By Drew Taylor | The Playlist October 9, 2011 at 5:30AM
It’s strange to be truly startled and taken aback by the powerful effects of properly utilized 3D not in some Hollywood blockbuster where half of a major Midwestern American city is blown to smithereens by giant transforming robots, but during a quiet, understated, impressionistic documentary/tribute to influential German choreographer and dancer Pina Bausch (directed by Wim Wenders, no less). In fact, this might be the most amazingly you-are-there use of the technology since James Cameron landed us on Pandora. It’s just that, along with the fantastical visas and bounding, leaping, protruding dancers, you wish that the movie were more than just pretty. Sadly, it’s not. And boring is boring, even while wearing silly plastic specs.
Wenders originated the project with Bausch, who is something of a legend in the performing arts world, but died suddenly and unexpectedly in 2009 mere days after being diagnosed with cancer. That certainly must have reshaped the project’s conceptualization, which Wenders claims was influenced by the “U2 3D” concert movie, but what it’s ultimately done is left a huge hole in the center of the film where its heart should have been.
Structurally, the film is centered around large chunks of Pina’s (presumably) most influential dances – these are both performed on a stage to classical musical compositions and, in the film’s liveliest moments, in outdoor spaces, to a whole range of different music (from glittery contemporary electro-pop to swinging jazz). Interspersed with these pieces are confessional interviews with many of Pina’s peers – dancers who knew and worked with the choreographer and who comment on everything from her style of direction to the life lessons they’ve taken away following her death. Wenders photographs these moments in stark compositions, with the performers gazing into the camera, their mouths static, their words coming across via voice over narration. Occasionally, too, there’s a moment where we see Pina at work in archival footage, telling a performer how to move, a cigarette dangling precariously out of the side of her mouth.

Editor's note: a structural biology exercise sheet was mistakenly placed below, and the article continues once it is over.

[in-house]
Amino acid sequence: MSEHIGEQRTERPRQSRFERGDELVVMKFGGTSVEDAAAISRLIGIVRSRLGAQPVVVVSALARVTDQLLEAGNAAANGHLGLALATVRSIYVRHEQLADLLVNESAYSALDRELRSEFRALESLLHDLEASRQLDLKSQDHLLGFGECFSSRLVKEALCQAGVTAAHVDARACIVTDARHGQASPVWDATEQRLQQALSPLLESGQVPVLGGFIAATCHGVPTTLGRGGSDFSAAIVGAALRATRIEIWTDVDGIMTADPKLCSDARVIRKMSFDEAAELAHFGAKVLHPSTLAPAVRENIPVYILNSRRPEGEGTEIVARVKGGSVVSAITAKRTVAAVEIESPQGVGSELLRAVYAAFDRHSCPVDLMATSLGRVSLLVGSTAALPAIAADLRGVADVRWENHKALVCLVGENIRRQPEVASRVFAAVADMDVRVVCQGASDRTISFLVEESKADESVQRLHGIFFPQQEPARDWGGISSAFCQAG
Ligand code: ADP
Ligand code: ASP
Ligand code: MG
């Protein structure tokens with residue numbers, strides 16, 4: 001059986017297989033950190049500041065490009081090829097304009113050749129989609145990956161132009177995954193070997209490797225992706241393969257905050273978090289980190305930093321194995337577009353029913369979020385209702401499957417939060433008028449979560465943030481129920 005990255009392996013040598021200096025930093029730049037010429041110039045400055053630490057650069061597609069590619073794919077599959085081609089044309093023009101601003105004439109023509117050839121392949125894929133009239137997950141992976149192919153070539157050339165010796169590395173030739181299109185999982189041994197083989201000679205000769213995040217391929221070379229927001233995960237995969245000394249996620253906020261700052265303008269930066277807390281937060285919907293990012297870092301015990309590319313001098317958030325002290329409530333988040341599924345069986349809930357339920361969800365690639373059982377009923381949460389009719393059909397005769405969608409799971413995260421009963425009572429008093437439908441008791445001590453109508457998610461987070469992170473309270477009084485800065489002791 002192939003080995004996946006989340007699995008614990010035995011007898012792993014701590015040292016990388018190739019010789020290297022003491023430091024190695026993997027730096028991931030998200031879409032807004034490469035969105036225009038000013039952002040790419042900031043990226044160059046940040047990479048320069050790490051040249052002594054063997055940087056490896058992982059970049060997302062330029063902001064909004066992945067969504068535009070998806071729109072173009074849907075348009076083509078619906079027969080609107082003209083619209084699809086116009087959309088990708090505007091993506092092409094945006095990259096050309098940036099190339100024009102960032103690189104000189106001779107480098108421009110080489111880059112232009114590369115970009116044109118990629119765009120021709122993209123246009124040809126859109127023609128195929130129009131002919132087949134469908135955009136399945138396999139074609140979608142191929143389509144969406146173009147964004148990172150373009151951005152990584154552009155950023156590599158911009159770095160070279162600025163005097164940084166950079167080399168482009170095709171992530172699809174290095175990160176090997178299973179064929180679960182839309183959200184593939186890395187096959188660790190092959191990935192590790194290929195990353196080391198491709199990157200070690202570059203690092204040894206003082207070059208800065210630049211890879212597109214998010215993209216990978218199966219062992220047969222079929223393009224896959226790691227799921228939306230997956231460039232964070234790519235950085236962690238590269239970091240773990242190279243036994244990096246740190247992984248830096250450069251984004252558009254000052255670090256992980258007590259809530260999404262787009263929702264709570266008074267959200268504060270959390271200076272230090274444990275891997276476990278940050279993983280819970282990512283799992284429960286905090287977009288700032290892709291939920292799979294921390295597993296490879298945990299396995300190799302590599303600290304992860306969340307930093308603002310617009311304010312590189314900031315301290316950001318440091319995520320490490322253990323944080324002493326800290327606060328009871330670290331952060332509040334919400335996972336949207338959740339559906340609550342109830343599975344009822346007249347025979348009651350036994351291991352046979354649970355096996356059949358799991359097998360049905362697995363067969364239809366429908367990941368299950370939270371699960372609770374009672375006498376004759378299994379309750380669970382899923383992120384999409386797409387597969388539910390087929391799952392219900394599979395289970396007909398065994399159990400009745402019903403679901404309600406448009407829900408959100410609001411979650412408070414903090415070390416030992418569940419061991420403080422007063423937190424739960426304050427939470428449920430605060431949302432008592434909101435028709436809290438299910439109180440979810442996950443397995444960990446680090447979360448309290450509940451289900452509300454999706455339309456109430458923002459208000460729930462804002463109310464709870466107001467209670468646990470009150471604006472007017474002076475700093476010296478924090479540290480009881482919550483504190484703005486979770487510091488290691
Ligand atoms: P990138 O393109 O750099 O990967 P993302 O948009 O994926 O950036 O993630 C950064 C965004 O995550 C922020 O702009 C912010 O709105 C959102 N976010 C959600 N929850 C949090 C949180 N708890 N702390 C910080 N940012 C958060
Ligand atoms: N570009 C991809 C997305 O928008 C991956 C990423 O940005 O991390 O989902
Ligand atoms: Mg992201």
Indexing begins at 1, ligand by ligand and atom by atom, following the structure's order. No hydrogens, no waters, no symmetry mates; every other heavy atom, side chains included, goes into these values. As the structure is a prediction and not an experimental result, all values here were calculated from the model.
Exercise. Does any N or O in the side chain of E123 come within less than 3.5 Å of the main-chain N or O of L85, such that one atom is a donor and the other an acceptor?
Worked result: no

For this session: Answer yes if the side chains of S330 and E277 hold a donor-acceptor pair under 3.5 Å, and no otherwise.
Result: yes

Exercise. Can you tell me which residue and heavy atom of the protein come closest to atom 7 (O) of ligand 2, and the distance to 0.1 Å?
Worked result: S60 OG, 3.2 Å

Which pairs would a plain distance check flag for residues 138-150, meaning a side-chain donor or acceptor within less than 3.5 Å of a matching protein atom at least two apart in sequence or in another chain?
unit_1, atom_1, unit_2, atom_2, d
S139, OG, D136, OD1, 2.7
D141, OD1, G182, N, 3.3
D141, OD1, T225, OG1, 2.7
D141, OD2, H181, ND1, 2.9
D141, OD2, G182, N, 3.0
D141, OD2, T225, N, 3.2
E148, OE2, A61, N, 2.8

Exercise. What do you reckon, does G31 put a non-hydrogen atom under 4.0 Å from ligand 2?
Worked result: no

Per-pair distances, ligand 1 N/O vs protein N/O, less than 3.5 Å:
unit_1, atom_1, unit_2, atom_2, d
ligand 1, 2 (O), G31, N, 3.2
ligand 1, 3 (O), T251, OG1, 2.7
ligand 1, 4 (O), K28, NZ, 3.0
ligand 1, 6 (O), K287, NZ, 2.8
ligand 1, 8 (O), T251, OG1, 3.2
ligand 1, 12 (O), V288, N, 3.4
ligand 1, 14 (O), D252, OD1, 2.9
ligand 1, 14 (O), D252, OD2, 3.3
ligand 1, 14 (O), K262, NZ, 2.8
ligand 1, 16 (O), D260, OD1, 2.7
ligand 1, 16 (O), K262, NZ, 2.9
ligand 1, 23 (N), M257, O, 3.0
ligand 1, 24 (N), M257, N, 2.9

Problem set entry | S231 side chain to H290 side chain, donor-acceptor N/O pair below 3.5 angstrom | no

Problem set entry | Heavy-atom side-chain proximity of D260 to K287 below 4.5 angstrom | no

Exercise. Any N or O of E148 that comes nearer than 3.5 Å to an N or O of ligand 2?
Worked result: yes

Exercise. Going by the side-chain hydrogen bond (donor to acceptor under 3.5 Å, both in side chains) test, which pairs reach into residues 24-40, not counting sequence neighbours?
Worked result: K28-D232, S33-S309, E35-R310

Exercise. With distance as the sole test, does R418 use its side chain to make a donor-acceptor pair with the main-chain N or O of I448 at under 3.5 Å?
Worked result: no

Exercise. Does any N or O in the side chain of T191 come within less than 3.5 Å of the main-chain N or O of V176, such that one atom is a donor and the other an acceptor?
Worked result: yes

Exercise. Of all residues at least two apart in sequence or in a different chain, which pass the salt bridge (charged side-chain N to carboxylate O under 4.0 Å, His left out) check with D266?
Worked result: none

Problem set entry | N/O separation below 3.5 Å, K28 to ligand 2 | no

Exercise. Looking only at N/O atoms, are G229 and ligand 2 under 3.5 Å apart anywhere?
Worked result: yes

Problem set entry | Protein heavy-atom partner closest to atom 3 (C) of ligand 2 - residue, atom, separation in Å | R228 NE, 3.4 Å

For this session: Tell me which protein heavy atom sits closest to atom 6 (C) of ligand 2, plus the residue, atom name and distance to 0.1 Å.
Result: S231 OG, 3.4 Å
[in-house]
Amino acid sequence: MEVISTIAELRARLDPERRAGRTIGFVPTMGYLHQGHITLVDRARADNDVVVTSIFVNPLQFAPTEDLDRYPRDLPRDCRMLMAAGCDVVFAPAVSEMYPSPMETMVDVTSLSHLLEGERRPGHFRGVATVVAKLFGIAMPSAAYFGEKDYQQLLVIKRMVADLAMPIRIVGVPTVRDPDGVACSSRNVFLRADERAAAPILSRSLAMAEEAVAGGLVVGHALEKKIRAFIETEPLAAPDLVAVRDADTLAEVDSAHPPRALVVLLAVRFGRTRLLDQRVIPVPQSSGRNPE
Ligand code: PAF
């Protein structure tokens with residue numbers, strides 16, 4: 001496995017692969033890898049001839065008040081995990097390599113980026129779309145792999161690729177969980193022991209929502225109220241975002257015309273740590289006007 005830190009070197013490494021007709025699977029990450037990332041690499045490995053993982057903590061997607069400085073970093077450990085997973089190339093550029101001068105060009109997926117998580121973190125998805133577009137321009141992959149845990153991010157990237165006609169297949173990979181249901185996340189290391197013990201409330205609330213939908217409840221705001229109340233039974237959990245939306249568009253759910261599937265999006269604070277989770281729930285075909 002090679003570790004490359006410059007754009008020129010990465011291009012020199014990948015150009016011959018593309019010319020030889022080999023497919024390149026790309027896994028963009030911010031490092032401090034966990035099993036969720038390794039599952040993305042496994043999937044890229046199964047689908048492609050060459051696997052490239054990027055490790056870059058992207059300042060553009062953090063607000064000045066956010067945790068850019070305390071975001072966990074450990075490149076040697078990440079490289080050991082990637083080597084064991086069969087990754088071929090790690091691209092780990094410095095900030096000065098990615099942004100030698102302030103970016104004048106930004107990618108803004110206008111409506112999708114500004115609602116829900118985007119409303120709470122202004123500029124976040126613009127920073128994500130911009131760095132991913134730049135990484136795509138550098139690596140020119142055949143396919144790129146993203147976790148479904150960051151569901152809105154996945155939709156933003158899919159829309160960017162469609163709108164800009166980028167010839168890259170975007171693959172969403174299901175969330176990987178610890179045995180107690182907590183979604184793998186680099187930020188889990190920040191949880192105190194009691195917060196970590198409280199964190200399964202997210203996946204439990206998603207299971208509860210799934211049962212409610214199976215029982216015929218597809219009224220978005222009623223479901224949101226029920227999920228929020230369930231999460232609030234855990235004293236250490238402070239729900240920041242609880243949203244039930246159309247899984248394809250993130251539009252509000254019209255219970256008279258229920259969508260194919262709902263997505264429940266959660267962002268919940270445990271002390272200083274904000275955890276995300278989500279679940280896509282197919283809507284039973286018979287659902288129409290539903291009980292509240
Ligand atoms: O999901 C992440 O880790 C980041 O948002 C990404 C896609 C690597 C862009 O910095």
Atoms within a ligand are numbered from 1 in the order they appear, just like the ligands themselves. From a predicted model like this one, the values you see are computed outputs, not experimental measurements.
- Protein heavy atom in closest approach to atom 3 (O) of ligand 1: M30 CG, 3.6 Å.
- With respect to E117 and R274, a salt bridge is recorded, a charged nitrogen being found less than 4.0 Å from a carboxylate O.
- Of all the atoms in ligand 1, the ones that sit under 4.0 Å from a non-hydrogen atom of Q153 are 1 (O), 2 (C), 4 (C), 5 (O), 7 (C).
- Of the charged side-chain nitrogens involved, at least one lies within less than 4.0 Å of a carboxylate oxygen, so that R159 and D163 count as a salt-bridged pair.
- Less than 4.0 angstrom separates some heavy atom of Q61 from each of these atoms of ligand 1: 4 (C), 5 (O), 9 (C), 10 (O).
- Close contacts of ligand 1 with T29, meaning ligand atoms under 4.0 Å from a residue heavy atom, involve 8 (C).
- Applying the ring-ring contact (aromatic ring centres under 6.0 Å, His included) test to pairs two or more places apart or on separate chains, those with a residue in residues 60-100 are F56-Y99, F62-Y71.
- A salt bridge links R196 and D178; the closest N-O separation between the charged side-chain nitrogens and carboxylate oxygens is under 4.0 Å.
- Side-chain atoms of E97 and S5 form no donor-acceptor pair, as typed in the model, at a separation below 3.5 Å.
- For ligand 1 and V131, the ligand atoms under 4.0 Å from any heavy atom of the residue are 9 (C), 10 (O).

And for a while, at least, you just go with the sheer visual opulence, gliding along as the images unfold – a caravan of dancers simulating the change in season via hand gestures while they walk along the precipice of a giant quarry; performers sloshing around in simulated rain while a giant meteorite looms overhead; a man with donkey ears pasted to the side of his face rides a subway car, suspended from above like the Batman ride at Six Flags. Wenders films these sequences beautifully, which is sort of shocking given his track record and reputation as an old school traditionalist.
But at some point you want more. The dances themselves are wondrous and beautiful, although at some point, if you don’t have an extensive understanding of impressionistic dance, they fail to make an impact. Sometimes the words of the dancers, during their interviews, are illuminating, particularly when they speak of the fascination Pina had with the elements (evidence by an early staged number where a layer of earth is spread across the stage floor and, again, that bit where people are dancing through puddles). You can get snatches, here and there, of what she is trying to convey, most of it being incredibly sophisticated conceptual stuff about what it means to be a modern woman, but they come in flashes and without an corroborating evidence (in the form of either historical or critical context), you’re mostly left guessing.
Maybe Wenders assumes that everyone knows who Pina is, or that they’ll get so caught up in the majesty of the performances that even if they don’t, they’ll still be compelled. As the movie wears on, though, the spectacle becomes less substantial, and the thematic underpinnings harder to grasp, no matter how expressive the dancing is. What’s even more baffling is why Wenders would choose to not include anything about Pina’s contribution to film, as a performer in Fellini’s “And the Ship Sails On” and as an inspiration for Almodovar’s brilliant “Talk to Her.” These moments could have at least provided a shorthand between those audience members unfamiliar with her work previously, and the giant chunks of her pieces unfolding before us now. Instead, it’s yet another piece of biographical back story that could have been incorporated but remains out of reach.
And that’s really the chief complaint with “Pina” – that she remains aloof throughout the movie’s running time, this kind of mystical source of inspiration and creativity that we can never quite get a handle on. It’s always hard when investigating an artistic genius, but there are ways to go about it and avenues to take that Wenders doggedly refuses. For the movie to mean more than just a series of pretty dances in stunning three-dimensions, he should have allowed us to form an emotional bond with the choreographer. Not only would it have made the performances mean more (at a running time of over 90 minutes, by the end of it you can barely muster enough enthusiasm to care) but it would have made her death even more heartbreaking – this woman who created so much, her life cut so horribly short. Instead, Wenders implication that the pieces speak for themselves, coupled with his glacial sense of pacing and rhythm, make this fanciful documentary/performance film a tough slog to sit through. [C-]